language = "Undefined",
    volume = "74",
    pages = "250--258",
    journal = "Journal of Animal Ecology",
    issn = "0021-8790",
    publisher = "Wiley-Blackwell",
    number = "2",

    }

    Lessons from the establishment of exotic species: A meta-analytical case study using birds. / Cassey, P.; Blackburn, T.M.; Duncan, R.P.; Lockwood, J.L.

    In: Journal of Animal Ecology, Vol. 74, No. 2, 2005, p. 250-258.

    Research output: Contribution to journalArticle

    TY - JOUR

    T1 - Lessons from the establishment of exotic species: A meta-analytical case study using birds

    AU - Cassey, P.

    AU - Blackburn, T.M.

    AU - Duncan, R.P.

    AU - Lockwood, J.L.

    N1 - cited By 47

    PY - 2005

    Y1 - 2005

    N2 - 1. The establishment of species outside their natural geographical ranges is an important driver of changes in global biodiversity. This creates an imperative to understand why some species are more successful than others at establishing viable populations following introduction. 2. Historical data are particularly useful in this regard, and those for birds especially comprehensive. This has resulted in the publication of regional-scale studies that have used these data to attempt to quantify relationships between establishment success and characteristics of bird introductions. 3. We use a meta-analytical approach to summarize quantitatively the results of these studies, and to assess the influence of variables invoked to explain the variation in establishment success in birds. 4. We find that variables describing characteristics specific to the individual introduction event (i.e. event-level variables), such as introduction effort (or 'propagule pressure'), are the most consistent predictors of establishment success.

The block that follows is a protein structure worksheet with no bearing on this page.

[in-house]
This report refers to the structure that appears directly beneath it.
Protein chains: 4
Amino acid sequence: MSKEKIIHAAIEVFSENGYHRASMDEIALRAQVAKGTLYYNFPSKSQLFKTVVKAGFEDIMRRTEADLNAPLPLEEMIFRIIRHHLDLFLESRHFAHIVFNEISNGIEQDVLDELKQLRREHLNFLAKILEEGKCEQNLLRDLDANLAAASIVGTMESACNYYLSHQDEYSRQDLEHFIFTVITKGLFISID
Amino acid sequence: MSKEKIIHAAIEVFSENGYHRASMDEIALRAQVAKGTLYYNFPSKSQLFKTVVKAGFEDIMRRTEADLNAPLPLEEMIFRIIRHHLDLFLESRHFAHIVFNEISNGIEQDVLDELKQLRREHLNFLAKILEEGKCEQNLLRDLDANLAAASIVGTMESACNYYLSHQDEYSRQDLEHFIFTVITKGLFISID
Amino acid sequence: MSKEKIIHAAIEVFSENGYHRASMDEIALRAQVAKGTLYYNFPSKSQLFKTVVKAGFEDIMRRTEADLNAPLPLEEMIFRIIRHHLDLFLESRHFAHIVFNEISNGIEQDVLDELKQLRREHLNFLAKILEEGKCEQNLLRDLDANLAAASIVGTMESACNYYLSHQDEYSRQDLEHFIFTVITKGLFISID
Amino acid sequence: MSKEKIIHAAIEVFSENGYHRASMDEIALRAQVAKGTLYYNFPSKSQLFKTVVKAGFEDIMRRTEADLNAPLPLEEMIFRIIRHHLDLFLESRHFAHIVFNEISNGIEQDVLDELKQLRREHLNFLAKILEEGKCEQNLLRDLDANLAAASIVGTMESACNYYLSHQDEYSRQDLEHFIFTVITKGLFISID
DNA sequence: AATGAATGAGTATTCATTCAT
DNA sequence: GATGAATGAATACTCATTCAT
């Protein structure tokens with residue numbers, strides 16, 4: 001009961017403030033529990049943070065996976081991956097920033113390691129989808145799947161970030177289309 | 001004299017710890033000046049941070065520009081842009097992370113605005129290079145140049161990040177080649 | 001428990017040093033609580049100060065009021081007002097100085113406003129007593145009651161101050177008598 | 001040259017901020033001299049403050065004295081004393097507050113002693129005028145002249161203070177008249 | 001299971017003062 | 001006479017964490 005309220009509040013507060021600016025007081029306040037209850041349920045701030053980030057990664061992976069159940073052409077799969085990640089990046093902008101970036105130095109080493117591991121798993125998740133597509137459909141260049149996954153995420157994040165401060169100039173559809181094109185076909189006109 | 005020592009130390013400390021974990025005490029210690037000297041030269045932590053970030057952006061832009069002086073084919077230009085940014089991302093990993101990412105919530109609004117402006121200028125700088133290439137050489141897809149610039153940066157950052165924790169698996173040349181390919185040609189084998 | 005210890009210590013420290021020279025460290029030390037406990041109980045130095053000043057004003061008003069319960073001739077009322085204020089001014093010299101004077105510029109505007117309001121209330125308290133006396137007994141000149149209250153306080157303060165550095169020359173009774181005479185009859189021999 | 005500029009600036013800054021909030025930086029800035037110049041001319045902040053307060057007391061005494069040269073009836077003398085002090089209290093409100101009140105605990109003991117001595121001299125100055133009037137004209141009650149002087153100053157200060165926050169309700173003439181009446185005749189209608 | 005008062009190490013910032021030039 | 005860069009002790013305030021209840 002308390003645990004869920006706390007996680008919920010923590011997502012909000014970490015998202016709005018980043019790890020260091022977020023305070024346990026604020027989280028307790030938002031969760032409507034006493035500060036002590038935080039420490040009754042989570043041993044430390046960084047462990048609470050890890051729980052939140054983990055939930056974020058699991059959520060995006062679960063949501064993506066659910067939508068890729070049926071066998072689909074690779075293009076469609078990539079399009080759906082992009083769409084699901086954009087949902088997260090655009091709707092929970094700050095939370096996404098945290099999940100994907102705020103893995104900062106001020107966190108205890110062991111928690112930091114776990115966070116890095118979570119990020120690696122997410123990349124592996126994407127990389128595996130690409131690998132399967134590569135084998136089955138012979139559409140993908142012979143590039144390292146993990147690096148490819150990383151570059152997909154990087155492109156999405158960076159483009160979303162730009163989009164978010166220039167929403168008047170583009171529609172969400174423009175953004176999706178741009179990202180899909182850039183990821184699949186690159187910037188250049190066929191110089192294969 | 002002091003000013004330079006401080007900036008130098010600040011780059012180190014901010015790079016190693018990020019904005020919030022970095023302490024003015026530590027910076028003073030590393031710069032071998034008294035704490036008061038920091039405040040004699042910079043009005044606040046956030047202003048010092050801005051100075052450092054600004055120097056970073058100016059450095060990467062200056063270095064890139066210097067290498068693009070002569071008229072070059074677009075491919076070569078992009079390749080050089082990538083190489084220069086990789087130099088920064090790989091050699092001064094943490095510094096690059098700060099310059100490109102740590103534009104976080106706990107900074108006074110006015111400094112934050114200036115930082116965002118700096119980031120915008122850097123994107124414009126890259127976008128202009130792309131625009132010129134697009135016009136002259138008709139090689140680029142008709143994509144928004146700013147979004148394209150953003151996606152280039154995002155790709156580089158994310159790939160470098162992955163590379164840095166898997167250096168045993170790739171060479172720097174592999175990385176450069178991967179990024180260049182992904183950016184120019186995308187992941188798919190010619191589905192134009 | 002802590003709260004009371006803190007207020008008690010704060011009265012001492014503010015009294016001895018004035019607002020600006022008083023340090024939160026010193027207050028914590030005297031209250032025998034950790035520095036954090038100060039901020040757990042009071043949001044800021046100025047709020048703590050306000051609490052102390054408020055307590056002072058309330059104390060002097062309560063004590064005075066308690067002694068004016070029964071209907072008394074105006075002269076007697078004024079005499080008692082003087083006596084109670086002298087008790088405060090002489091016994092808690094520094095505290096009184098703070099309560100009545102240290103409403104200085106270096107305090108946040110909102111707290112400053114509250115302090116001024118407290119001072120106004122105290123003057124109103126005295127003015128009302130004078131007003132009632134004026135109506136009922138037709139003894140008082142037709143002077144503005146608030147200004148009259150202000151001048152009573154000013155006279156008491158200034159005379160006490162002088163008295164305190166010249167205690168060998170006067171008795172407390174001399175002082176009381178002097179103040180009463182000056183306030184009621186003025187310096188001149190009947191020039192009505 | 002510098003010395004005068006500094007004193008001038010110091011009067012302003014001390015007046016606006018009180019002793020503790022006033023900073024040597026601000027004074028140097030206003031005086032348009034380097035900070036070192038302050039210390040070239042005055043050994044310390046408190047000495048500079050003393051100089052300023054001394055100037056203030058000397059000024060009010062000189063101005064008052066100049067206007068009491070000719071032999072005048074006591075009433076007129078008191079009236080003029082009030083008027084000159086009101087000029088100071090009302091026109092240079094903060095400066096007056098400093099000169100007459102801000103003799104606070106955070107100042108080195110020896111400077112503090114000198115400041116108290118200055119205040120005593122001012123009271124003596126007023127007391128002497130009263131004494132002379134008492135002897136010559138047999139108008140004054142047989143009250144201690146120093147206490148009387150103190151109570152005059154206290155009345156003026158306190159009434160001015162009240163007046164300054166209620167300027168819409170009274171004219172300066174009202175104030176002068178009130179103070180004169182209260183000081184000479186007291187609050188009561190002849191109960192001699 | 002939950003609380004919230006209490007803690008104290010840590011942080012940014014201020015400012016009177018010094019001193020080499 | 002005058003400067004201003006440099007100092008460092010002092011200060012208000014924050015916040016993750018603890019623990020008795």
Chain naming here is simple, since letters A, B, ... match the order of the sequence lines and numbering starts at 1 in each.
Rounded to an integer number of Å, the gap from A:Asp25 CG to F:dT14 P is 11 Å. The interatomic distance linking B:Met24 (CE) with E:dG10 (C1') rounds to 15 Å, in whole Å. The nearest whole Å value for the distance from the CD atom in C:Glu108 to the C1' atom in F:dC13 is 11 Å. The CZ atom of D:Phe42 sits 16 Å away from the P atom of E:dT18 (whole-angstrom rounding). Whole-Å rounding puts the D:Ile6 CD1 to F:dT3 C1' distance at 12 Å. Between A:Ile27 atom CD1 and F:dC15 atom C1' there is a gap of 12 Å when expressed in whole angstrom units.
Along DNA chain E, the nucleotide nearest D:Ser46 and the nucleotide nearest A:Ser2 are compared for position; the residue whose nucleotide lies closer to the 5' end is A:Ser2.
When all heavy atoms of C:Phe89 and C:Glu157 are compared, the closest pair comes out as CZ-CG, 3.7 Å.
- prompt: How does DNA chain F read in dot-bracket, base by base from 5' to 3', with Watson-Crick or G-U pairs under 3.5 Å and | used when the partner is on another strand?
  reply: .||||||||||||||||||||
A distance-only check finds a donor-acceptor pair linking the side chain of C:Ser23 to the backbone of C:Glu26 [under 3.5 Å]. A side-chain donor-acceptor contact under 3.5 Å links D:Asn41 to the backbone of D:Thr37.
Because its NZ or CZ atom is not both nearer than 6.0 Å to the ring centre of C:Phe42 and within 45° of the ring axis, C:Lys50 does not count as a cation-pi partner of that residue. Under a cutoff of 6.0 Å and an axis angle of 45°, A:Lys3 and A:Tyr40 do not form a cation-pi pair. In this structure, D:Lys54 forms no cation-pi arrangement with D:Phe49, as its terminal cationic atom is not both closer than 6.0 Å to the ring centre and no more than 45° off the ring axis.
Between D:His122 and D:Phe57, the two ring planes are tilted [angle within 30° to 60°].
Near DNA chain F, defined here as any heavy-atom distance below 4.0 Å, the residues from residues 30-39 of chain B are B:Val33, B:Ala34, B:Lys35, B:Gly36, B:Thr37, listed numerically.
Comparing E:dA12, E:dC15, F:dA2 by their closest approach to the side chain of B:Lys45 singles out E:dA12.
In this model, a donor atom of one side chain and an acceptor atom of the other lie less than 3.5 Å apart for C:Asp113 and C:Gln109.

AB - 1. The establishment of species outside their natural geographical ranges is an important driver of changes in global biodiversity. This creates an imperative to understand why some species are more successful than others at establishing viable populations following introduction. 2. Historical data are particularly useful in this regard, and those for birds especially comprehensive. This has resulted in the publication of regional-scale studies that have used these data to attempt to quantify relationships between establishment success and characteristics of bird introductions. 3. We use a meta-analytical approach to summarize quantitatively the results of these studies, and to assess the influence of variables invoked to explain the variation in establishment success in birds. 4. We find that variables describing characteristics specific to the individual introduction event (i.e. event-level variables), such as introduction effort (or 'propagule pressure'), are the most consistent predictors of establishment success.

    U2 - 10.1111/j.1365-2656.2004.00918.x

    DO - 10.1111/j.1365-2656.2004.00918.x

    M3 - Article

    VL - 74

    SP - 250

    EP - 258

    JO - Journal of Animal Ecology

    JF - Journal of Animal Ecology

    SN - 0021-8790

    IS - 2

    ER -